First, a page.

The first printed map of Norfolk

By SAXTON, Christopher, 1579 

[Norfolk] Norfolciae comitatus continens in sc. oppida mercatoria 26, Pagos et Villas 625, una cum singulis Hundredis, & fluminibus ein eodem, Vera descriptio

British Isles English Counties
  • Author: SAXTON, Christopher
  • Publication place: London
  • Publisher: Christopher Saxton
  • Publication date: 1579.
  • Physical description: Double-page engraved map, fine original colour in outline, contemporary annotation on verso in brown ink.
  • Dimensions: 420 by 550mm. (16.5 by 21.75 inches).
  • Inventory reference: 15357

Notes

In 1575, Christopher Saxton was authorised by the Queen’s Privy Council to survey and map the counties of England and Wales, a task which he had completed by 1579, when the resulting maps were compiled and published in his seminal Atlas of England and Wales’. According to Barber, the earliest of Saxton’s county maps, and certainly the earliest map of Norfolk, the landscape and settlements of the county are recorded here in great detail, including small villages alongside larger towns and cities, most prominently Norwich, complete with a small but intricate illustration of its cathedral. Unlike Saxton’s later maps, the estates and grounds of local gentry are not represented here, and the county’s woodland areas are far more sparse. Nevertheless, the cartographer still depicts the major and minor rivers with their bridges, along with the hills that run down the West of the county and the Mershe Lande’ towards the border with Cambridgeshire. Uniquely, he also includes a key in the upper right corner with corresponding to the administrative units into which the county was divided. It is one of only four maps to show their counties divided into hundreds’ in this way. Alongside its function as an administrative tool, this map was designed to be used by the Secretary of State, Lord Burghley, for his defensive strategies in case of a naval invasion. For this reason, the coastal areas receive particular attention and the ocean itself is ornamented with grand Elizabethan galleons (as well as one questionable sea creature). Although intended for such purposes, there is evidence that Saxton’s map of Norfolk was also used by the Queen’s officials in planning the royal party’s route into the county.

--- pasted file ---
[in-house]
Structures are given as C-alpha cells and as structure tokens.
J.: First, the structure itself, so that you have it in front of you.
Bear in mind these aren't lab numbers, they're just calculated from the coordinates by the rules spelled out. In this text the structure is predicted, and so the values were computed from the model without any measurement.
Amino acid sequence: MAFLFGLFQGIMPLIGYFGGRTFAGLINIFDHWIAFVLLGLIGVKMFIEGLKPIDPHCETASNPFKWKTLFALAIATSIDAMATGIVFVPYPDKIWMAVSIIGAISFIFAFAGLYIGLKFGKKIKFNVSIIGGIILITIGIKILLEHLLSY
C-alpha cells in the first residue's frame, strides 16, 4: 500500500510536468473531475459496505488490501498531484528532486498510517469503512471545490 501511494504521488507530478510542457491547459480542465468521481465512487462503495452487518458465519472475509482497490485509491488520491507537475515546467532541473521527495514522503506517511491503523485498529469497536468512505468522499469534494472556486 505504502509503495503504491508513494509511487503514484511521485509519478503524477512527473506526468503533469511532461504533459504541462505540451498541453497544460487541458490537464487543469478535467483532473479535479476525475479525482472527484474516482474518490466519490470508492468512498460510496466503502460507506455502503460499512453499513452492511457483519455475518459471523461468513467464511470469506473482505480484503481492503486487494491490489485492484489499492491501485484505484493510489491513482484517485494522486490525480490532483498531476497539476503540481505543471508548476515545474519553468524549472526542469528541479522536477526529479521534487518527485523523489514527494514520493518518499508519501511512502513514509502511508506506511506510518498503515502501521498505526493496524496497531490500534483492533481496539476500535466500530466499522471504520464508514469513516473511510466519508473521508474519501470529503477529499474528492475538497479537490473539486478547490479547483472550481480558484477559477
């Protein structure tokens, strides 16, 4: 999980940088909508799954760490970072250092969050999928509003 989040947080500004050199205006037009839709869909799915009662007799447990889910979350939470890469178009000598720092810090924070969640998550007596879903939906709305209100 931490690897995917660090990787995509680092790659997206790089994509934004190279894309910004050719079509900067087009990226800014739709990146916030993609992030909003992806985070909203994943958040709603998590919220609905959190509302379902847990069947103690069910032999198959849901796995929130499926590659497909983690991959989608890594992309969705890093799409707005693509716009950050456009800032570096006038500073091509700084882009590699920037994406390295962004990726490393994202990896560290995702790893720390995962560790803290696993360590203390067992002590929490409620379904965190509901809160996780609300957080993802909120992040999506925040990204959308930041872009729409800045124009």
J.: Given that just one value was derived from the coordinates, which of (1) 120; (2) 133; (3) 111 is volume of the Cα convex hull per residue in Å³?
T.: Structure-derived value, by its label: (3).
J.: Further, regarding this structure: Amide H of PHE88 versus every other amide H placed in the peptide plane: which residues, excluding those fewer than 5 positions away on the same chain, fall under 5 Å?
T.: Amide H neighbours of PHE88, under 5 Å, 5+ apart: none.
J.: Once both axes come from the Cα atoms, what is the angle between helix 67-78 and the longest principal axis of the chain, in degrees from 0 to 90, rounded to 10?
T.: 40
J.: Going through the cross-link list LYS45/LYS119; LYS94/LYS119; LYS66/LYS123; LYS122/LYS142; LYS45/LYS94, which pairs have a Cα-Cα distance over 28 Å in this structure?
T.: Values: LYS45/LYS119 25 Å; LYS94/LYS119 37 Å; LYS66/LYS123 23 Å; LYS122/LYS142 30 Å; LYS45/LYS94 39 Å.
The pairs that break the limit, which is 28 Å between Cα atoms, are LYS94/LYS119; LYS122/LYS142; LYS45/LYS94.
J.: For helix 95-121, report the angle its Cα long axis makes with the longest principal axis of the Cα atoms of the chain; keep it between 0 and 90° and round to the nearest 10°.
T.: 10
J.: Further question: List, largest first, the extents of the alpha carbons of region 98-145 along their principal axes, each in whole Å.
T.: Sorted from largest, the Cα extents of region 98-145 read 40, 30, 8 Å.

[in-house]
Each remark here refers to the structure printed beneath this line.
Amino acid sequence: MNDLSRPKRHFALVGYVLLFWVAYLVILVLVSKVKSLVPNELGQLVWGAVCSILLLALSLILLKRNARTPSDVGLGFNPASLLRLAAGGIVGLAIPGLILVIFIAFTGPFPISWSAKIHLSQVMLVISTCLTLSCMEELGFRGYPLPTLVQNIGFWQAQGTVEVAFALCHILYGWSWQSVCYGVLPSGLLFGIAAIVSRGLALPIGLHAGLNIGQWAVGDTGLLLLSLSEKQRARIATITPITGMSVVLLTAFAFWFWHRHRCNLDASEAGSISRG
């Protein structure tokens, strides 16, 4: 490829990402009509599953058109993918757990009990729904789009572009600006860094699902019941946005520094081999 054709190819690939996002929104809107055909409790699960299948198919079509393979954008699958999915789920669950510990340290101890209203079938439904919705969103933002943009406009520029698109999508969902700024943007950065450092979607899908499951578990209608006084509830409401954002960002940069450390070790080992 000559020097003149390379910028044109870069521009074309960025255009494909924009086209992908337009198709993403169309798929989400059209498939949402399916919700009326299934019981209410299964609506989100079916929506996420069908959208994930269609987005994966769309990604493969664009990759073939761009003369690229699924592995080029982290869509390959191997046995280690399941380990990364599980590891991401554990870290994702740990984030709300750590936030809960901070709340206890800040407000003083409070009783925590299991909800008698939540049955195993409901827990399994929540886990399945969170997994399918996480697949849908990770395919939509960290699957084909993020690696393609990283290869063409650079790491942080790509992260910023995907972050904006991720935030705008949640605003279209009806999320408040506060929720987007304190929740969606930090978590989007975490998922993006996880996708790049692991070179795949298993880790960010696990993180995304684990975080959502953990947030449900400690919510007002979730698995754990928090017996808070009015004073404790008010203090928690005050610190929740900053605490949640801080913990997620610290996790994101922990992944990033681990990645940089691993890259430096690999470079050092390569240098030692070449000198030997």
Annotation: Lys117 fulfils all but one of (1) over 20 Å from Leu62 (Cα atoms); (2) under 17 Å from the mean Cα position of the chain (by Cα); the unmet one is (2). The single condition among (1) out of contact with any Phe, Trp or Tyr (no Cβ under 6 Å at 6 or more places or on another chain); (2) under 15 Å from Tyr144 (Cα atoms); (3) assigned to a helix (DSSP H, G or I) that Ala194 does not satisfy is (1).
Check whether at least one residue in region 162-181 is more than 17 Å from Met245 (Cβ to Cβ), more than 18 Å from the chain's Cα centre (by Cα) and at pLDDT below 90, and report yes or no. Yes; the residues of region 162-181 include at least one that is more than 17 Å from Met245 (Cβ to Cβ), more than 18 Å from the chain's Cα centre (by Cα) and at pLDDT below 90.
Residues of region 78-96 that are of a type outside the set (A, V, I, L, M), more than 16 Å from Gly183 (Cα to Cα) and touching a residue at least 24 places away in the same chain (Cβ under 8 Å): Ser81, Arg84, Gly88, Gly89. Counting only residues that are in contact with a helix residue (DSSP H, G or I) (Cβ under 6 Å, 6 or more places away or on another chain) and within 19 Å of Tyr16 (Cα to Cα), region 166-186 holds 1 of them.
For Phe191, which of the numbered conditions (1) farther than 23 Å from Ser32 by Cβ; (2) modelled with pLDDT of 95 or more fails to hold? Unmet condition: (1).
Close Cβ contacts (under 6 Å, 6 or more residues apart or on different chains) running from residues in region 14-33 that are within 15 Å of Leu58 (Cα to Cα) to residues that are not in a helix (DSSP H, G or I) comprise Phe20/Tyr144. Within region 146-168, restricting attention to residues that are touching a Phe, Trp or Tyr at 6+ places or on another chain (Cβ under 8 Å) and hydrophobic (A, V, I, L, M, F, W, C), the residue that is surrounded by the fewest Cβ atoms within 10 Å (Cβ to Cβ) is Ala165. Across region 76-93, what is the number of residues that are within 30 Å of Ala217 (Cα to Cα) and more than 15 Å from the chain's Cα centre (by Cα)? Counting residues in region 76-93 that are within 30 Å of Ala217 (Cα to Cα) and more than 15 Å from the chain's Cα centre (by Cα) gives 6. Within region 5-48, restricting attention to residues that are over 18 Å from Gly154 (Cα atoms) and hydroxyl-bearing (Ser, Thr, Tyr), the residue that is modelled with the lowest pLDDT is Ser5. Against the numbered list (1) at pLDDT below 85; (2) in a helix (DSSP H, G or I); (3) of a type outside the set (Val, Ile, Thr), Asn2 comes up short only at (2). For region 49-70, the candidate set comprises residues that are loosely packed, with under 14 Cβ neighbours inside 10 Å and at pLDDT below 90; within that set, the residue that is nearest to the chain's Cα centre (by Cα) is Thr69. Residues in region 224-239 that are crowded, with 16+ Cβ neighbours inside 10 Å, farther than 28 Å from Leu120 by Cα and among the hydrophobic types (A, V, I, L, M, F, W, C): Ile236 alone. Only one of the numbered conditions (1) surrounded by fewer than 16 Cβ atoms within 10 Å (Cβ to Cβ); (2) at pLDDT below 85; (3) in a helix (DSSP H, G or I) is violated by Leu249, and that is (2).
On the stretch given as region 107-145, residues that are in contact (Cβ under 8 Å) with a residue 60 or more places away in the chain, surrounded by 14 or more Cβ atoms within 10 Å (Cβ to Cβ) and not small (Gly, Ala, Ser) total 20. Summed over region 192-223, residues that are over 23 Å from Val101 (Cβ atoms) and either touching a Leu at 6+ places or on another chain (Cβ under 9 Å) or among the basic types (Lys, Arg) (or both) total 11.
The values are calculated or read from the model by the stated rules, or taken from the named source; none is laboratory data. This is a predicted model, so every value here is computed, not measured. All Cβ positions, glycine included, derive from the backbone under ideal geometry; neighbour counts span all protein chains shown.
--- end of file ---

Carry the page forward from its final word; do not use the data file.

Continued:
As with all of Saxton’s maps, the royal coat-of-arms features prominently, presented here at the head of the map. To its left, an elaborate cartouche with bold blue colouring contains the Latin county name, a record of the number of merchant towns, estates and rivers found throughout Norfolk, and the name of the engraver, Cornelis de Hooghe. While other engravers are responsible for a number of the county maps collected in Saxton’s Atlas of England and Wales’, this is the only one for which de Hooghe is credited. In the lower left corner is found the Seckford family crest with its early Latin motto, in honour of Saxton’s patron, Thomas Seckford, and on the opposite side, the map’s scale is accompanied by a banner identifying the cartographer. Additionally, like all the maps in the atlas, this map bears Saxton’s watermark, a bunch of grapes, to identify the work as original.